I came to therapy like most people. A major life transition. My counselor helped me navigate my family as I prepared to graduate from college. Her compassionate guidance was like a compass pointing to the North Star, and in each session, I learned how I couldn’t save people or change the past but could become a better person. By working with Katherine, I realized how much an experienced psychologist could help you and, later, how a lousy therapist could destroy your sense of reality.
Good therapy provides a safe space for people to get to know themselves so they don’t repeat negative behaviors that could impact their futures or their families’ futures. Given that twenty-one million Americans suffer from depression, twenty million people are recovering from addiction, and forty million adults have anxiety disorder, therapy is a valuable tool to improve mental health.
However, bad therapy can further traumatize people who are already vulnerable, exacerbating mental illness, PTSD, and suicidal ideation.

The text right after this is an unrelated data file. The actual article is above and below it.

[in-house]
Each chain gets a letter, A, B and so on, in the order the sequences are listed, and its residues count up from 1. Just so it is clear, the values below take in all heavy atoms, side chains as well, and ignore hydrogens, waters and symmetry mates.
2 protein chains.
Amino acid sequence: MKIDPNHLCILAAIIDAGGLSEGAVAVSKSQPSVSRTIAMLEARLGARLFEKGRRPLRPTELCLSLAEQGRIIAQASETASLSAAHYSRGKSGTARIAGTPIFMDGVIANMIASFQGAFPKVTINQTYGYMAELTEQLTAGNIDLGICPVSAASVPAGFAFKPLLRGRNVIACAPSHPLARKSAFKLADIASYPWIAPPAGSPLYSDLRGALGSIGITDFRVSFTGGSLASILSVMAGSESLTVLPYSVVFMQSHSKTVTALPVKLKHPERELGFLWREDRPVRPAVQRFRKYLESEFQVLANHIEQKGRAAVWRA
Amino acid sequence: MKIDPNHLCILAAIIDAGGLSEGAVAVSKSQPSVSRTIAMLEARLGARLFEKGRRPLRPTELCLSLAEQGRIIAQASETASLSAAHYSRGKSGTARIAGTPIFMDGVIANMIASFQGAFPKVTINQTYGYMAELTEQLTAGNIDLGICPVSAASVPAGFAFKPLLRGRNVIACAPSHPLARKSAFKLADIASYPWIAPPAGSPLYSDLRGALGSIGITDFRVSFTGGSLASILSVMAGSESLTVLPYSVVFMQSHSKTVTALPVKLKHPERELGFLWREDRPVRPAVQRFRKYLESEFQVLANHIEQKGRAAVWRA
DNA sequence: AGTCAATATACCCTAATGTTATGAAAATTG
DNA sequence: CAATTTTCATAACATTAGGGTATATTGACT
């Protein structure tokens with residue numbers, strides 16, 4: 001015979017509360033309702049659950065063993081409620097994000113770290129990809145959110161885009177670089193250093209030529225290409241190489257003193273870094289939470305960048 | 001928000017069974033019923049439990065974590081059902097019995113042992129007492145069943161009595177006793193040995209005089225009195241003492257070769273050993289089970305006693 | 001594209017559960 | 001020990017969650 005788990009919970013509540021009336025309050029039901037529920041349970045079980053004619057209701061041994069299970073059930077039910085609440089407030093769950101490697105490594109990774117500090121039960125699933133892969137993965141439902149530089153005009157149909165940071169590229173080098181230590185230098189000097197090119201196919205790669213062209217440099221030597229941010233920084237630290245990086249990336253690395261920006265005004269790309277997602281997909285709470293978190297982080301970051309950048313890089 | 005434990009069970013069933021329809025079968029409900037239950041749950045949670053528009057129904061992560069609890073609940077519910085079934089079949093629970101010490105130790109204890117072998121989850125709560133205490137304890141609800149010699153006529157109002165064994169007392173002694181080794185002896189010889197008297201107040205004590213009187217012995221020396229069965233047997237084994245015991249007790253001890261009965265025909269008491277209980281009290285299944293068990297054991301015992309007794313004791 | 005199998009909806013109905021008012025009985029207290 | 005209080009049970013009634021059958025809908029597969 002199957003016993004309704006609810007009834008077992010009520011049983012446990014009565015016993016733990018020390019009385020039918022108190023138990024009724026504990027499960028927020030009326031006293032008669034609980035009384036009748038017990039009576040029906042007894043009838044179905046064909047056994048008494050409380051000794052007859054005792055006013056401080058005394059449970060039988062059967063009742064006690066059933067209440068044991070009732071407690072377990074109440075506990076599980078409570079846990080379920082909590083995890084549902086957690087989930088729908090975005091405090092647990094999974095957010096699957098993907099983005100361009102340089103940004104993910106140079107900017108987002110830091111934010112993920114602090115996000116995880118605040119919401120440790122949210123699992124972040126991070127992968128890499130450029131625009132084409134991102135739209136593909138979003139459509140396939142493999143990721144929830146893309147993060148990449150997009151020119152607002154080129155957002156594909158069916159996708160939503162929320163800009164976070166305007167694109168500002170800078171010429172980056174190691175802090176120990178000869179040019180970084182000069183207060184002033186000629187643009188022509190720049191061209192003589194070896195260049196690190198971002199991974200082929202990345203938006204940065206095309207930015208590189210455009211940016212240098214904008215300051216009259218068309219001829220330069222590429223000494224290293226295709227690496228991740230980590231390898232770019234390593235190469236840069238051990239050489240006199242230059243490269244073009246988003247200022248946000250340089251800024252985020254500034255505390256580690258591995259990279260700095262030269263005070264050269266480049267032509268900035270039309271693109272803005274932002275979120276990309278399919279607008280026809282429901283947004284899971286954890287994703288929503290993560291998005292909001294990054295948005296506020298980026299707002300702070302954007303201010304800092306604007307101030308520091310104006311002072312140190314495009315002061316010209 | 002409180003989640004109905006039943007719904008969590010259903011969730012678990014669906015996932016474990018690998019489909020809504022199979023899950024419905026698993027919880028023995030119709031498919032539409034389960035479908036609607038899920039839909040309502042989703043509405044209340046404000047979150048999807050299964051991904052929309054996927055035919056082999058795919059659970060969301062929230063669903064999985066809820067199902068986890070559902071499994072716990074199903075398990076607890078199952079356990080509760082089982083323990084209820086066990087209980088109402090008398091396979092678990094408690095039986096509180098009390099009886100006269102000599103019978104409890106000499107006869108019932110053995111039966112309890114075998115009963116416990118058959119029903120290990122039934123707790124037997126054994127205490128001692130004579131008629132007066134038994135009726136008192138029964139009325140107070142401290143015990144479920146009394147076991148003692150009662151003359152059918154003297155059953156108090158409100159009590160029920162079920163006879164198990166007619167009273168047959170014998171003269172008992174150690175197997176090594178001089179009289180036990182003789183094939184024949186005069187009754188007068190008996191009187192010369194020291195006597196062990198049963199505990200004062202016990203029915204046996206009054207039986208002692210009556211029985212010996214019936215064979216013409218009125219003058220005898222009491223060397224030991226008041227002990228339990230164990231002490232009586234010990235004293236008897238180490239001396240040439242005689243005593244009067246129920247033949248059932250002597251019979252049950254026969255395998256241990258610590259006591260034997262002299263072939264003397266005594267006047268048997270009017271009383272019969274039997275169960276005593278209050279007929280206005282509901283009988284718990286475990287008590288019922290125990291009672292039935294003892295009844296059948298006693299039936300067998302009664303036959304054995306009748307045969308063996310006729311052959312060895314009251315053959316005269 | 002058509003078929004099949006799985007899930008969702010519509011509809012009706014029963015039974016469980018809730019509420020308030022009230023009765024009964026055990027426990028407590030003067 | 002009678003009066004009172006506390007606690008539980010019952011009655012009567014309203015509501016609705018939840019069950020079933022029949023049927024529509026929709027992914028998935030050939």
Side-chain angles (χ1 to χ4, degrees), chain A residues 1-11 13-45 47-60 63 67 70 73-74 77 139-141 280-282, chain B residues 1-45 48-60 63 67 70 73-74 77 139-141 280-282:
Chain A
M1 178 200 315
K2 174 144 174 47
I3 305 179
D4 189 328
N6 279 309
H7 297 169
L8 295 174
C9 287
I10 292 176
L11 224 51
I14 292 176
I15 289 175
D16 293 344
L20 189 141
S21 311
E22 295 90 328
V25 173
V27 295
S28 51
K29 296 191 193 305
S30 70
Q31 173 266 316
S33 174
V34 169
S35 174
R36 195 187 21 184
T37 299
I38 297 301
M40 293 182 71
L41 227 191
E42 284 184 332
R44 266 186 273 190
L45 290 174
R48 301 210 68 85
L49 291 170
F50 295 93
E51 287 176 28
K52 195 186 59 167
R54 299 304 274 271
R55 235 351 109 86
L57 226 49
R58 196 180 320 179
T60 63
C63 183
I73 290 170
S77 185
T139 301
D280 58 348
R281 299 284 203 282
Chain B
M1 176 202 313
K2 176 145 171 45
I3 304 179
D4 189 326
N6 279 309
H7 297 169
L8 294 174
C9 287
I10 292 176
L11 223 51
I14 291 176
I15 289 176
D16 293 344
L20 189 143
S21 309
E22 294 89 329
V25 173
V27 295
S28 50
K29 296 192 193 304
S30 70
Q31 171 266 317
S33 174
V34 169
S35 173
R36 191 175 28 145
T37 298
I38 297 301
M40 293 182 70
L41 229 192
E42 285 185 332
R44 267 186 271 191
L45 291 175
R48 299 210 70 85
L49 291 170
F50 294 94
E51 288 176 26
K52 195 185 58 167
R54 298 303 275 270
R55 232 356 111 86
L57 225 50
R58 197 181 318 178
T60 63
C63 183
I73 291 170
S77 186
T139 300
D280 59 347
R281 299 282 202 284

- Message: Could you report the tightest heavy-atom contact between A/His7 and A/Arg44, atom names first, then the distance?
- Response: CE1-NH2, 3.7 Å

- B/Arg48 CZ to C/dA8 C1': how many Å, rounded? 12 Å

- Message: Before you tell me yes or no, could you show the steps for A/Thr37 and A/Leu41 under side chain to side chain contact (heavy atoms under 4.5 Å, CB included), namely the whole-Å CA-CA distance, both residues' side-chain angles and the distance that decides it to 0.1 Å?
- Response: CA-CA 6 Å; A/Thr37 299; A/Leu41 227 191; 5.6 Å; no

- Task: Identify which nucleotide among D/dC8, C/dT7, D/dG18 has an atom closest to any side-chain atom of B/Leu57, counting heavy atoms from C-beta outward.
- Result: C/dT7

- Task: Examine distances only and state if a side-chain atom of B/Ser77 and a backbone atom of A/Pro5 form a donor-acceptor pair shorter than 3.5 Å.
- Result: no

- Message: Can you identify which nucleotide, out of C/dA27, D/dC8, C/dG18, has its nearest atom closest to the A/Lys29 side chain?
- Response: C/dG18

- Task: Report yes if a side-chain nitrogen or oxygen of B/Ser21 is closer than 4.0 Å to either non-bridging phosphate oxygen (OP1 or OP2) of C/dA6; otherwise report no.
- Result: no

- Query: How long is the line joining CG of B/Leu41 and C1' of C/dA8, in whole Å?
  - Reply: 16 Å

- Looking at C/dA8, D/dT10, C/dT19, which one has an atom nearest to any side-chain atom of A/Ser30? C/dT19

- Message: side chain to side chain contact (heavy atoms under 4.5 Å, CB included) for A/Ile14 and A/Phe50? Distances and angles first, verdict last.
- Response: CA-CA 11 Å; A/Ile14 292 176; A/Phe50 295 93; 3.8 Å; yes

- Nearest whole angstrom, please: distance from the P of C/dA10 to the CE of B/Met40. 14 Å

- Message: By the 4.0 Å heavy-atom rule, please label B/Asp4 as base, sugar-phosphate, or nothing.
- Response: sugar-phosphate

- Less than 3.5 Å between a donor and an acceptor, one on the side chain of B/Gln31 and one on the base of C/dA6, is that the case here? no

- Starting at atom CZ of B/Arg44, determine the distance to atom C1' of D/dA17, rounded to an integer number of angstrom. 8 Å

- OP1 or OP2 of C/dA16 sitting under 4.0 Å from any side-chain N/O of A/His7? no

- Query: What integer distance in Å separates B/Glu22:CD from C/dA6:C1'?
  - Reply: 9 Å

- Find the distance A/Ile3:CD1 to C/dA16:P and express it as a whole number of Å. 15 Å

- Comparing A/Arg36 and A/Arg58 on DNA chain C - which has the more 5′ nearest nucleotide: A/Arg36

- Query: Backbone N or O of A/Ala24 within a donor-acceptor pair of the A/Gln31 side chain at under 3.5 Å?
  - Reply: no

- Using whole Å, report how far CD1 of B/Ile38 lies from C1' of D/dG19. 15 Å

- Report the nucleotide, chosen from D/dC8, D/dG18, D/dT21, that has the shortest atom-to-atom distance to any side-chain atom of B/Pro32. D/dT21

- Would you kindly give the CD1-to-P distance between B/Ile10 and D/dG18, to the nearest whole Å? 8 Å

The most prominent forms of abusive therapists are sexual advances, inappropriate touching, financial exploitation, lack of professional boundaries, or shaming and blaming you for no reason. If you notice anxiety or uncomfortable thoughts after a session, and it’s not about a challenging subject but the therapist’s behavior, it may be time to find another provider.
Unfortunately, I learned the hard way how incompetent therapists can join forces with your abuser in gaslighting you and how narcissistic counselors can become entangled in their clients’ lives so they can micromanage them in unhealthy ways. Regardless of incompetence or maliciousness, the results are the same.
So what do you look for?
Lack of Boundaries
An unethical therapist can overstep boundaries, fostering an unhealthy dependence in their clients. They may dominate sessions with self-centered dialogue and divulge inappropriate personal details. They could intrude into their clients’ personal lives beyond the therapy setting, employing gaslighting and emotional shaming tactics. Financial exploitation may occur through excessive session fees or fraudulent insurance claims for nonexistent sessions, or they teach clients how to manipulate…